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Game Report : Padres 2, Dodgers 0

Claire Urged the Dodgers to Play for Pride in Finale

September 30, 1996|BOB NIGHTENGALE

Fred Claire, Dodger executive vice president, knew what everyone was thinking Sunday in the season finale.

He read the comments from some of his players ridiculing the importance of the division championship.

He read the newspapers and listened to the broadcast reports mocking the game.

Yet, whether it was an advantage or disadvantage winning the National League West championship, there is a thing called pride, Claire insisted. And he wasn't about to permit his club to treat the finale as if it were a spring-training game.

Claire and Manager Bill Russell talked with the team before the game and stressed the importance of winning it.

"When you play a game, you better play that game as hard as you can to win," Claire said. "It meant a lot to this organization to win the West Division championship."

The Dodgers may have pulled starter Ramon Martinez after only one inning, but they started all of their regulars, and kept All-Star catcher Mike Piazza in the game through nine innings. And while the Padres started Bob Tewksbury instead of ace Joey Hamilton, they kept their regulars in the entire game.

"I think it told you something about the character of the teams," Russell said. "We wanted to win. They wanted to win. We each respected the game of baseball."

The wild-card concept still is great for baseball, Claire said, although he understands the confusion on those trying to figure out whether it was best to play the Atlanta Braves at home in the first two games of the best-of-five division playoffs or open the postseason on the road against the St. Louis Cardinals.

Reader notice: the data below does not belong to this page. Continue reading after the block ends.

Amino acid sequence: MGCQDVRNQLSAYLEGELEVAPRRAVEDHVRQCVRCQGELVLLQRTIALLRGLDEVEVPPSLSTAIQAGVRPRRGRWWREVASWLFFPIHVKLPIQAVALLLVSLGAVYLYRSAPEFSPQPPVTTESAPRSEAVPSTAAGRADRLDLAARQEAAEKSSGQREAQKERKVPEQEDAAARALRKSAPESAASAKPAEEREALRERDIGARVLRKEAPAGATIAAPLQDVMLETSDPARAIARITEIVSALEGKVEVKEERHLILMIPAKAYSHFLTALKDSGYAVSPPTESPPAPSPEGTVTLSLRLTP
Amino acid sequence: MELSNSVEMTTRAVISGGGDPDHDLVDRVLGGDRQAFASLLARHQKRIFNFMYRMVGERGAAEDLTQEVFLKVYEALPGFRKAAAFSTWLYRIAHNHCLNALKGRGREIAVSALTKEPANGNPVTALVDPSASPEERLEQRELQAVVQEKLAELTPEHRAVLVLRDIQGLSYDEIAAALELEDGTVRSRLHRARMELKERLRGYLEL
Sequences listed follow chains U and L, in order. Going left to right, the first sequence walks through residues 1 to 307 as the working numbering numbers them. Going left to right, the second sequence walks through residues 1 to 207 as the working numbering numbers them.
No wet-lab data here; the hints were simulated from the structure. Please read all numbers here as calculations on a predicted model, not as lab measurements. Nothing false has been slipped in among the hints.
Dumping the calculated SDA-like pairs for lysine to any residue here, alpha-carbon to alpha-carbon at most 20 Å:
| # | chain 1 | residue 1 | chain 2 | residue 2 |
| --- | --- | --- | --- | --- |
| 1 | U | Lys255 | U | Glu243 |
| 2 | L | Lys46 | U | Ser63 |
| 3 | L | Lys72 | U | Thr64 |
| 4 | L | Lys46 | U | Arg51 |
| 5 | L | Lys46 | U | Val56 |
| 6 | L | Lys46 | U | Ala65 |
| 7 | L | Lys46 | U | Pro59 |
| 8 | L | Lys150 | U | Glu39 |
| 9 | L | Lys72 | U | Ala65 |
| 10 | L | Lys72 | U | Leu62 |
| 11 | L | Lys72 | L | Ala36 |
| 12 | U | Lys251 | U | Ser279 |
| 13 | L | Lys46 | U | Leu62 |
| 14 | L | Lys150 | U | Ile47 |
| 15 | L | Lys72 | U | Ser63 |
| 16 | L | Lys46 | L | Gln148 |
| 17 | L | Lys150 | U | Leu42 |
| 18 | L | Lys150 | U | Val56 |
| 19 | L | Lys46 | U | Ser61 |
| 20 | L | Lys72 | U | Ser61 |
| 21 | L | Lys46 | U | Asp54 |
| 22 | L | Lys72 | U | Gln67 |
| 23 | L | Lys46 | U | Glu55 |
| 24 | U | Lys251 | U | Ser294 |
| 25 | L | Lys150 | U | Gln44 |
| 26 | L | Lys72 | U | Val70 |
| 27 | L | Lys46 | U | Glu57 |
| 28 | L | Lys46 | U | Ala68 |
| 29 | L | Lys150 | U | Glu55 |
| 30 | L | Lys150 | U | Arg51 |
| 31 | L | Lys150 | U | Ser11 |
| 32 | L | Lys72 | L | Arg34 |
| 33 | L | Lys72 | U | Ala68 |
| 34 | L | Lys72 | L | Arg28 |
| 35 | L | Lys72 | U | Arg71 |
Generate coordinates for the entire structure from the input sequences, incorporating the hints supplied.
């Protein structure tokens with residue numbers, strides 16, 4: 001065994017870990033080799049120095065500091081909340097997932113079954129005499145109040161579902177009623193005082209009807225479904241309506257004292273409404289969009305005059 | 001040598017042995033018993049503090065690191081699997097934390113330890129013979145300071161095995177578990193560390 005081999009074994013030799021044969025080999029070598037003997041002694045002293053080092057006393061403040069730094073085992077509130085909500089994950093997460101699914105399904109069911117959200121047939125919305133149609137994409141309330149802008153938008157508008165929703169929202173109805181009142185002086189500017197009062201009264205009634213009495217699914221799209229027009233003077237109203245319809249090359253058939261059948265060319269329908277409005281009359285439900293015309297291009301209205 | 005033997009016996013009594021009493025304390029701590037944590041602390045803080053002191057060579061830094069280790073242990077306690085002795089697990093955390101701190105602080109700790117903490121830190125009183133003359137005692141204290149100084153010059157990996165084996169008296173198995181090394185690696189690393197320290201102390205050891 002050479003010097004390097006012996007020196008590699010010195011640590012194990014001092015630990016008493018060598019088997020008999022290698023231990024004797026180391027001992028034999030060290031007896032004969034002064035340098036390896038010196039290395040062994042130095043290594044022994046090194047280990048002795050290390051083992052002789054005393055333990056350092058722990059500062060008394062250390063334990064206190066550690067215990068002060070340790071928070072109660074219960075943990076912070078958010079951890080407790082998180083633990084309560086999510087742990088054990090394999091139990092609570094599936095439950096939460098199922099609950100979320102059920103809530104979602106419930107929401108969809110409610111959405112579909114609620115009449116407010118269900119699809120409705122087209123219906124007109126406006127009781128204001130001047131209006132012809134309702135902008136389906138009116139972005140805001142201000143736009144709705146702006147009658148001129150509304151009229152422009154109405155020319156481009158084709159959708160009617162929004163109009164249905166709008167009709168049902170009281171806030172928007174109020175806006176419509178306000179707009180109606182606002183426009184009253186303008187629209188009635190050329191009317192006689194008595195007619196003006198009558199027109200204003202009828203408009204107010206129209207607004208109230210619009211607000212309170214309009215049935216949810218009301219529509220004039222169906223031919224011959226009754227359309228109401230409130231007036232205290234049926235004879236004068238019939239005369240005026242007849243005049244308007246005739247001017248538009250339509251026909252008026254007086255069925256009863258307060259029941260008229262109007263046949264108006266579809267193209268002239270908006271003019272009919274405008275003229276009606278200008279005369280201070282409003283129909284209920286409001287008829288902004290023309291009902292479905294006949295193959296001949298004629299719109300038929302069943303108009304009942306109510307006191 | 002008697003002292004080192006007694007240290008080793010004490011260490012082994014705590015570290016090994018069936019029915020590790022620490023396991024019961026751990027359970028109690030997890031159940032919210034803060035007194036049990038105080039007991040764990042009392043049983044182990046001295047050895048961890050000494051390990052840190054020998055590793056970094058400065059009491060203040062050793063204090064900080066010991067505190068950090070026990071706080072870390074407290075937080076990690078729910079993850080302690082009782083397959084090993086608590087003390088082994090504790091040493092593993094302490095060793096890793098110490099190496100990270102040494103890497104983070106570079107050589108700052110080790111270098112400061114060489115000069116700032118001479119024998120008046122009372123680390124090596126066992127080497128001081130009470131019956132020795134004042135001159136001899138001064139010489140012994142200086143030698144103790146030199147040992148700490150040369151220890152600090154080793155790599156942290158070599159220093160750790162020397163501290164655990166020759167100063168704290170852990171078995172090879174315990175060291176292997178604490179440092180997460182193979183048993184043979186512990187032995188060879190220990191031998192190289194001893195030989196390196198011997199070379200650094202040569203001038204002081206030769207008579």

"Maybe there's something to be said about a seven-game series," Claire said. "'You fight for 162 games, and no question a lot can happen in a short series. I'd like to see that."


The Dodgers and Padres, who battled one another all season in the National League West, say they wouldn't be surprised if they saw one another again in a week--playing for the National League pennant.

"We battled these guys for seven games the last 1 1/2 weeks," Dodger center fielder Wayne Kirby said. "I'm tired of seeing them. . . .

"But we could be seeing them again real soon. I'd like to see them again. If we do, believe me, it won't be the same outcome. They can have the first laugh, we'll have the last laugh."


Dodger shortstop Greg Gagne on losing the NL West title: "It definitely hurt to lose that game, but as I told these guys, 'Hey, we don't get a West Division ring anyway. So why worry about it? We're still in the playoffs."


If nothing else, the division race may finally have fueled an honest-to-goodness rivalry between the Dodgers and Padres.

"We really haven't been a lot of competition to the Dodgers," Padre Manager Bruce Bochy said. "Now, I think we got something."


The Dodgers immediately flashed a message on the scoreboard after the game congratulating the Padres on winning the NL West title. Claire and Russell also immediately went into the Padre clubhouse to offer congratulations . . . . Dodger first baseman Eric Karros set a Los Angeles club record when he grounded into two double plays, giving him a league-high 27 for the season. The key double play was when he grounded out with one out and runners on first and second in the ninth. "This series wasn't decided on one pitch, one hit or one play," Karros said. "Give San Diego credit. They just outplayed us."

The three-game series at Dodger Stadium drew 159,541--the second-largest series in Dodger Stadium history. The only three-game series that attracted more fans took place Sept. 5-7, 1966 when the San Francisco Giants were in town . . . . The Dodgers drew 3,188,454 for the season--their seventh-largest total in franchise history.

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